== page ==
IKEA is largely known for its affordable and easy to assemble furniture. The company began selling flat-pack furniture in the 1950s, whereby the responsibility of assembly lay with the consumer. Although this strategy has many cost benefits for the company, it also strongly influences consumers’ evaluations of the products.
The IKEA effect is closely linked to the endowment effect. It was first coined in a 2011 study published in The Journal of Consumer Psychology, by Michael Norton and colleagues. The authors randomly assigned participants into builder or non-builder groups. The builder group was responsible for assembling a plain IKEA storage box, while the non-builder group was given a fully assembled box. Norton and colleagues then asked participants their willingness to pay for the product and also rated how much they liked the box on a 7-point scale.10 The authors found that participants who built their boxes liked them more, and also were willing to pay more for them than the non-builders. Couple these findings with how our sense of ownership of an object is increased by touching it12, and IKEA’s strategy really does seem ingenious.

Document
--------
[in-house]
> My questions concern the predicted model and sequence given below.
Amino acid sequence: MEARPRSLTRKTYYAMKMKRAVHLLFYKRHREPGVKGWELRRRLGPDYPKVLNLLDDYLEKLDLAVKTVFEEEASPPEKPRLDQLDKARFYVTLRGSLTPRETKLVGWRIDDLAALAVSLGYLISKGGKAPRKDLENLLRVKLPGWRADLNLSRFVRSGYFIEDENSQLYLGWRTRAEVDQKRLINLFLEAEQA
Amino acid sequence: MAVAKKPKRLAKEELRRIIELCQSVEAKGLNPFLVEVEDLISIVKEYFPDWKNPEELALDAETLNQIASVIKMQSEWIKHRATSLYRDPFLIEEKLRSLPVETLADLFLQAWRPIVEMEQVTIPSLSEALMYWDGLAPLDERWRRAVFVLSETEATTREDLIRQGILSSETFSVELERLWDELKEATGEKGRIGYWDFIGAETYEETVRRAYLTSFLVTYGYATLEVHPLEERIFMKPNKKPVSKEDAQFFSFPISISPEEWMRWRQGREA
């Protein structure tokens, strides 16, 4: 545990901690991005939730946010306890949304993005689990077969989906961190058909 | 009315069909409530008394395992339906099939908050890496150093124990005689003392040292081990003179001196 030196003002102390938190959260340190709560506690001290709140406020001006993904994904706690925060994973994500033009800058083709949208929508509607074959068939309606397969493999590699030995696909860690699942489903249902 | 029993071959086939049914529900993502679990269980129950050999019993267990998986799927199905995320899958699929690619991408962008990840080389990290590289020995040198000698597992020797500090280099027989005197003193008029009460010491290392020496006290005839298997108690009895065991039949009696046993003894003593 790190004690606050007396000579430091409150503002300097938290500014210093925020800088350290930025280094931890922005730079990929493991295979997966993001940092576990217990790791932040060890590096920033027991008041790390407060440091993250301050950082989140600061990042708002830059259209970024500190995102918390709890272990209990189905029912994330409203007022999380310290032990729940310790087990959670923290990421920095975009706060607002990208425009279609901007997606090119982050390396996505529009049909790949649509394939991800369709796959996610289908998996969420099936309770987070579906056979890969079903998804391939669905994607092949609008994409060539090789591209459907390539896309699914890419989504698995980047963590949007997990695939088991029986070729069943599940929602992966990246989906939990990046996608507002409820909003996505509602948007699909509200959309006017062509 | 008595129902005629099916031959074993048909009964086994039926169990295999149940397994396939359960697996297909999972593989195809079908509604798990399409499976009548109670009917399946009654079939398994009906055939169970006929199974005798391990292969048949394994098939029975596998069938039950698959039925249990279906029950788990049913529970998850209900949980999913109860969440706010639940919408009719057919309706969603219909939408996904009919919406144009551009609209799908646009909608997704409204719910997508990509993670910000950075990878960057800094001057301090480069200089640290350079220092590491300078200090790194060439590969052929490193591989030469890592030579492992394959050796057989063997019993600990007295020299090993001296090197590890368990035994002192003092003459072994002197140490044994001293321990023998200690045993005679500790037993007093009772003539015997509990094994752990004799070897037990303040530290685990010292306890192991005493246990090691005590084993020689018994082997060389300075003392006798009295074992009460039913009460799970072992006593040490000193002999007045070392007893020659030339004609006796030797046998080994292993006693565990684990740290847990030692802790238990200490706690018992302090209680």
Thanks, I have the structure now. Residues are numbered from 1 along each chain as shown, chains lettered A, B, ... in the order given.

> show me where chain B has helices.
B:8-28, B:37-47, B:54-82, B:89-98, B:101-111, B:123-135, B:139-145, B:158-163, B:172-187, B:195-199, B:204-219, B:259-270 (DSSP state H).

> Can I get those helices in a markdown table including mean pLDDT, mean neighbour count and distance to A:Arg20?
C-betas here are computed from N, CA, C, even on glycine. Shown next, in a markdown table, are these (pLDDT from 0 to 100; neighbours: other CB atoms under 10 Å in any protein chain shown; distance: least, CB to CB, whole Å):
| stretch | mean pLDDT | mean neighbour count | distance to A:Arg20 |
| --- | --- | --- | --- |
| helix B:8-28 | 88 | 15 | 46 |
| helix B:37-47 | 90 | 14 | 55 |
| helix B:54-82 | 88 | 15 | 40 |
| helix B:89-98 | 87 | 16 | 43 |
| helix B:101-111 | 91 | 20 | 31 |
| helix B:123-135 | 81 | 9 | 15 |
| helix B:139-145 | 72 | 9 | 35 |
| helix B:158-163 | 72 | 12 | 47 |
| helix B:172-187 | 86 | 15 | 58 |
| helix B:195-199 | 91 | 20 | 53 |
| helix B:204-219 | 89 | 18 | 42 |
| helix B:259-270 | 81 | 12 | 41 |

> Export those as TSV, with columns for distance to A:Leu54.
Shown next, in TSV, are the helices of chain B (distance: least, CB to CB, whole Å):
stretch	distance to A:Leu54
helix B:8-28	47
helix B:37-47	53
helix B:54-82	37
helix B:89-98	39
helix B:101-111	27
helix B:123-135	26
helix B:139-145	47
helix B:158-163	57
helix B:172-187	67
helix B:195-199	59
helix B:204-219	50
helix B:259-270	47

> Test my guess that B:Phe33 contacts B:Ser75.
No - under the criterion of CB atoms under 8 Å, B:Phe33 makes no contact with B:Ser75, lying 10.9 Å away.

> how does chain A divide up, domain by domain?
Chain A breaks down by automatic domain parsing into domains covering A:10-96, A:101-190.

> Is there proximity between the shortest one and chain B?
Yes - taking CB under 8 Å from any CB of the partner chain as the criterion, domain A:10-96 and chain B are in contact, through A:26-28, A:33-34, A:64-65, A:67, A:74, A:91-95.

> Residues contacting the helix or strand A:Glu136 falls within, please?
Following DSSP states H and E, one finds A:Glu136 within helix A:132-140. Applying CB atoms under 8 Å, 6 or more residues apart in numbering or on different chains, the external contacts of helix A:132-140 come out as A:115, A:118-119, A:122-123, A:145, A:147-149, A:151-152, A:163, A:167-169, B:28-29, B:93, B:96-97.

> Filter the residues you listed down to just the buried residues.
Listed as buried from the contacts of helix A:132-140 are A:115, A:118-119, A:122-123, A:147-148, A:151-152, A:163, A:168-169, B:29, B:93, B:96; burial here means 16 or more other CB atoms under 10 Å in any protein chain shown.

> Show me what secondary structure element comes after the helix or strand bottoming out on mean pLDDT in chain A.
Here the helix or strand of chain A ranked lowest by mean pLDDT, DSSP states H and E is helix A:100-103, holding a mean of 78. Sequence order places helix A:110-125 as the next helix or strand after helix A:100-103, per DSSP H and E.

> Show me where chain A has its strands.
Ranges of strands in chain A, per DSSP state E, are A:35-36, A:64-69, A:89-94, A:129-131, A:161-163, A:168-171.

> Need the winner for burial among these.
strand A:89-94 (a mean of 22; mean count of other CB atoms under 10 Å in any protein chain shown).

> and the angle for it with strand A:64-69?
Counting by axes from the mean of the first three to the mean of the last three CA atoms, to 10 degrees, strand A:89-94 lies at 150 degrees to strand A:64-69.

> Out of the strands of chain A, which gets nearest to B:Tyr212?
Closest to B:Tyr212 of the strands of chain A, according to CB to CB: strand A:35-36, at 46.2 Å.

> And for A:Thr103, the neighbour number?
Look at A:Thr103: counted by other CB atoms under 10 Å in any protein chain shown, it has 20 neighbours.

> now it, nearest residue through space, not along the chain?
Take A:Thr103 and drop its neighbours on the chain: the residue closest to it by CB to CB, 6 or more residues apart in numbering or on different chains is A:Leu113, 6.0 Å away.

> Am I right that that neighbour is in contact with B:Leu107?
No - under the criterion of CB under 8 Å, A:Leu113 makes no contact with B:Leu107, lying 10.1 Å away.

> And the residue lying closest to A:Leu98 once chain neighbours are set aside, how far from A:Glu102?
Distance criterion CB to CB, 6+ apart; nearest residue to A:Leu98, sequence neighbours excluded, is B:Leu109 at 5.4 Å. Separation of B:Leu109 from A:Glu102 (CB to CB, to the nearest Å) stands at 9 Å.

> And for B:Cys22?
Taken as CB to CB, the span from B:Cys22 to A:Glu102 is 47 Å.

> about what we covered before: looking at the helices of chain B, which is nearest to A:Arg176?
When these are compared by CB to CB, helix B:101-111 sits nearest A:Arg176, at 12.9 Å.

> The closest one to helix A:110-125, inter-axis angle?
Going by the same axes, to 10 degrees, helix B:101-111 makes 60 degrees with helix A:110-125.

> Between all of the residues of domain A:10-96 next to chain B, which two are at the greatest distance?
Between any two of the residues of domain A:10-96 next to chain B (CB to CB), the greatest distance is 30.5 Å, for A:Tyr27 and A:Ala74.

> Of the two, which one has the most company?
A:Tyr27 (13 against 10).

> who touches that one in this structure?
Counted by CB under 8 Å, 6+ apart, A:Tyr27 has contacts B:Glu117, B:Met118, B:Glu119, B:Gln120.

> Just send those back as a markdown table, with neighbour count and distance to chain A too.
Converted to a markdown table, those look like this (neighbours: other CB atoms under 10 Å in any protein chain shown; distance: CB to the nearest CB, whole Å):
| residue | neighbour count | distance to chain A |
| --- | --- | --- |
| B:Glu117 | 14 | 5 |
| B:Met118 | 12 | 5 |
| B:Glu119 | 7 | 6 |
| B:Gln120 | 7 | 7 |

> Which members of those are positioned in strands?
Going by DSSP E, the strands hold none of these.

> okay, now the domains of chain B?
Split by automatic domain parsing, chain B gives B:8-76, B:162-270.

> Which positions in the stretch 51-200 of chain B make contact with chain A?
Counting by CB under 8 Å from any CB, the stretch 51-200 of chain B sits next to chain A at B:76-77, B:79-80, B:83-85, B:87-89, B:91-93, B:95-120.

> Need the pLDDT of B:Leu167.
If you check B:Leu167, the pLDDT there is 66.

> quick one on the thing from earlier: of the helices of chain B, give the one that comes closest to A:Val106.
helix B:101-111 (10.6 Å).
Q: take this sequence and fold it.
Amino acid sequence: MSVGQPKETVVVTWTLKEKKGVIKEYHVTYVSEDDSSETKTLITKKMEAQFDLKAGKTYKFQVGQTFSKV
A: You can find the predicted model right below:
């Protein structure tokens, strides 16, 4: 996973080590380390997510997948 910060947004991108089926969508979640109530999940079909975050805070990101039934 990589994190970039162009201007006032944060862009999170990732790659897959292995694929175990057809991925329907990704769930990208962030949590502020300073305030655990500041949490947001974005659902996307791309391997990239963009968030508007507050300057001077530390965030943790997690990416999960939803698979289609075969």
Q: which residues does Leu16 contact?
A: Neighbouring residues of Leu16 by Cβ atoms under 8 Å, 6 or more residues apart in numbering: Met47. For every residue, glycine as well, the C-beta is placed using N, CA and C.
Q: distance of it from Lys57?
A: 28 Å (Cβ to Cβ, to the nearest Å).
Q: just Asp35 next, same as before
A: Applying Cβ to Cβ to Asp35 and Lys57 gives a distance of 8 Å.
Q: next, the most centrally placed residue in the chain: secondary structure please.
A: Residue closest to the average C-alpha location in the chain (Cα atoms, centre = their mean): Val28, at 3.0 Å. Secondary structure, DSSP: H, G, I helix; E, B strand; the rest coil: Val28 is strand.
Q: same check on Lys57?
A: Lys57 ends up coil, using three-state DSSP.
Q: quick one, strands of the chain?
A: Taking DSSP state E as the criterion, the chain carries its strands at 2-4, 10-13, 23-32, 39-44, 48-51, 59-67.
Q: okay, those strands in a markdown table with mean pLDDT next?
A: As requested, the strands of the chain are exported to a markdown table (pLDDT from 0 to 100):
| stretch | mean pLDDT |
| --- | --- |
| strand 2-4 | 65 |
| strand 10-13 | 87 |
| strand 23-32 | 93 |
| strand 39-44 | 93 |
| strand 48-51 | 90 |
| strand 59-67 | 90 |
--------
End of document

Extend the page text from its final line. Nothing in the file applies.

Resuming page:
Therefore, although it may not seem enjoyable at the time, by requiring you to build the IKEA table or bed frame, and invest time into doing so, you will actually value the product more than if you had just bought it in one piece. Further, you will be more likely to purchase an item from IKEA again because of how satisfied you were with the product.
Related TDL Resources
If you would like additional information on Richard Thaler and his impact on behavioral economics and nudging, this article outlines several of his innovative ideas, including the endowment effect.
If you are interested in loss aversion and how it can contribute to the endowment effect, this article outlines its neural underpinnings and describes how the two phenomena connect.
If you are interested in the different levels of decision making, and how this can contribute to the endowment effect, this article outlines how emotions can interfere with the decision-making process.